Recent SEC Rule Adoptions Expand Registration Requirements

Is your firm prepared to operate as a broker-dealer?

By the PKF O’Connor Davies Financial Services Team and Oyster Consulting LLC

The Securities and Exchange Commission (SEC) adopted two new rules, Rules 3a5-4 and 3a44-2 (collectively “The New SEC Rules”). These new rules were adopted on February 6, 2024 and greatly expand on entities that may be required to register as dealers or government securities dealers. The New SEC Rules redefine the term “as a part of a regular business” within the definitions of “dealer” and “government securities dealer” under the Securities Exchange Act of 1934.

Many firms operating under the “trader” exemption will now be required to register with the SEC and become a member of the Financial Industry Regulatory Authority (FINRA) and be subject to broker-dealer compliance requirements. The compliance date is one year and 60 days after publication in the Federal Register, which is anticipated to be in mid-April 2025.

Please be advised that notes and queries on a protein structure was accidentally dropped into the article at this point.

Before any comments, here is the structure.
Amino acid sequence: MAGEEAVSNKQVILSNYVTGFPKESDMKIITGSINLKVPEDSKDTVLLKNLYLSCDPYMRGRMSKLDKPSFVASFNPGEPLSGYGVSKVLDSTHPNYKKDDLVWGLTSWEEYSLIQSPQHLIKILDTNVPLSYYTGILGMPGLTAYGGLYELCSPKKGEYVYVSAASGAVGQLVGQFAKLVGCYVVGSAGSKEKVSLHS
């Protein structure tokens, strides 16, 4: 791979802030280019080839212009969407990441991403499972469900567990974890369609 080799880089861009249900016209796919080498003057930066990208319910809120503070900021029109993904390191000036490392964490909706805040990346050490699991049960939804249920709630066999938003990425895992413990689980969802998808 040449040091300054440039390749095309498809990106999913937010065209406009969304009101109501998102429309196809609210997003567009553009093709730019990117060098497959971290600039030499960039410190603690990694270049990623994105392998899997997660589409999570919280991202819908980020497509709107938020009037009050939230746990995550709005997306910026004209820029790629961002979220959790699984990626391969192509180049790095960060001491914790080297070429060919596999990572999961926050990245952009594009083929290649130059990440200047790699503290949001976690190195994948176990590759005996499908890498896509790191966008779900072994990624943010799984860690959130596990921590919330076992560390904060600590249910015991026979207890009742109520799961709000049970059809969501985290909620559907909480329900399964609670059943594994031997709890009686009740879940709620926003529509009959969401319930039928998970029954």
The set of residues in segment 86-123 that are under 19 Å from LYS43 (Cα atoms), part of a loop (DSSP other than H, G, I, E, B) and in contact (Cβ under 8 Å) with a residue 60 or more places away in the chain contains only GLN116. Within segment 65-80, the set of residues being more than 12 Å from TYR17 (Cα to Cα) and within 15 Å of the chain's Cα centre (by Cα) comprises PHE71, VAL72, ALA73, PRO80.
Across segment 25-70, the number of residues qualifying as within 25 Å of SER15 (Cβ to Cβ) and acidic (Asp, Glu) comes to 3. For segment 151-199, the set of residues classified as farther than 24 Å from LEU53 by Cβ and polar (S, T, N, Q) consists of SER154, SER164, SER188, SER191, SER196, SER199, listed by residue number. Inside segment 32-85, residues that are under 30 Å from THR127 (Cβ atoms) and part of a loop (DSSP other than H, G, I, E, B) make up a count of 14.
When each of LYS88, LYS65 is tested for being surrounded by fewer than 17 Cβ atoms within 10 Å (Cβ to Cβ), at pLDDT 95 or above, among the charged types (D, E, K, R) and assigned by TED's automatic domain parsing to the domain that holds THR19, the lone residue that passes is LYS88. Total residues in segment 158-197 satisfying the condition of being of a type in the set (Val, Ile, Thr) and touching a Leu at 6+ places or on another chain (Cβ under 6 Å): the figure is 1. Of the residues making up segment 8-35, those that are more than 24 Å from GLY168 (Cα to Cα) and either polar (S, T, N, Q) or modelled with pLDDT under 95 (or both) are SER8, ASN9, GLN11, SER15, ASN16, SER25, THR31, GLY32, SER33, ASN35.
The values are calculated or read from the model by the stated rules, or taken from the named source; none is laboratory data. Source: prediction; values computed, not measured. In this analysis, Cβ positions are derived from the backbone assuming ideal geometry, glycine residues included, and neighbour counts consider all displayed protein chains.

The New SEC Rules introduce two qualitative standards to determine if an entity is in fact acting “as a part of a regular business” and thus needs to register as a dealer: (1) Trading Interest Factor and (2) Primary Revenue Factor.

  • The Trading Interest Factor considers whether an entity regularly expresses trading interest at or near the best available prices for both sides of the market, making it accessible to other market participants. It is important to note that “regularly” does not imply “continually” expressing trading interest.

  • The Primary Revenue Factor assesses whether an entity’s primary revenue comes from capturing bid-ask spreads or trading venue incentives for providing liquidity.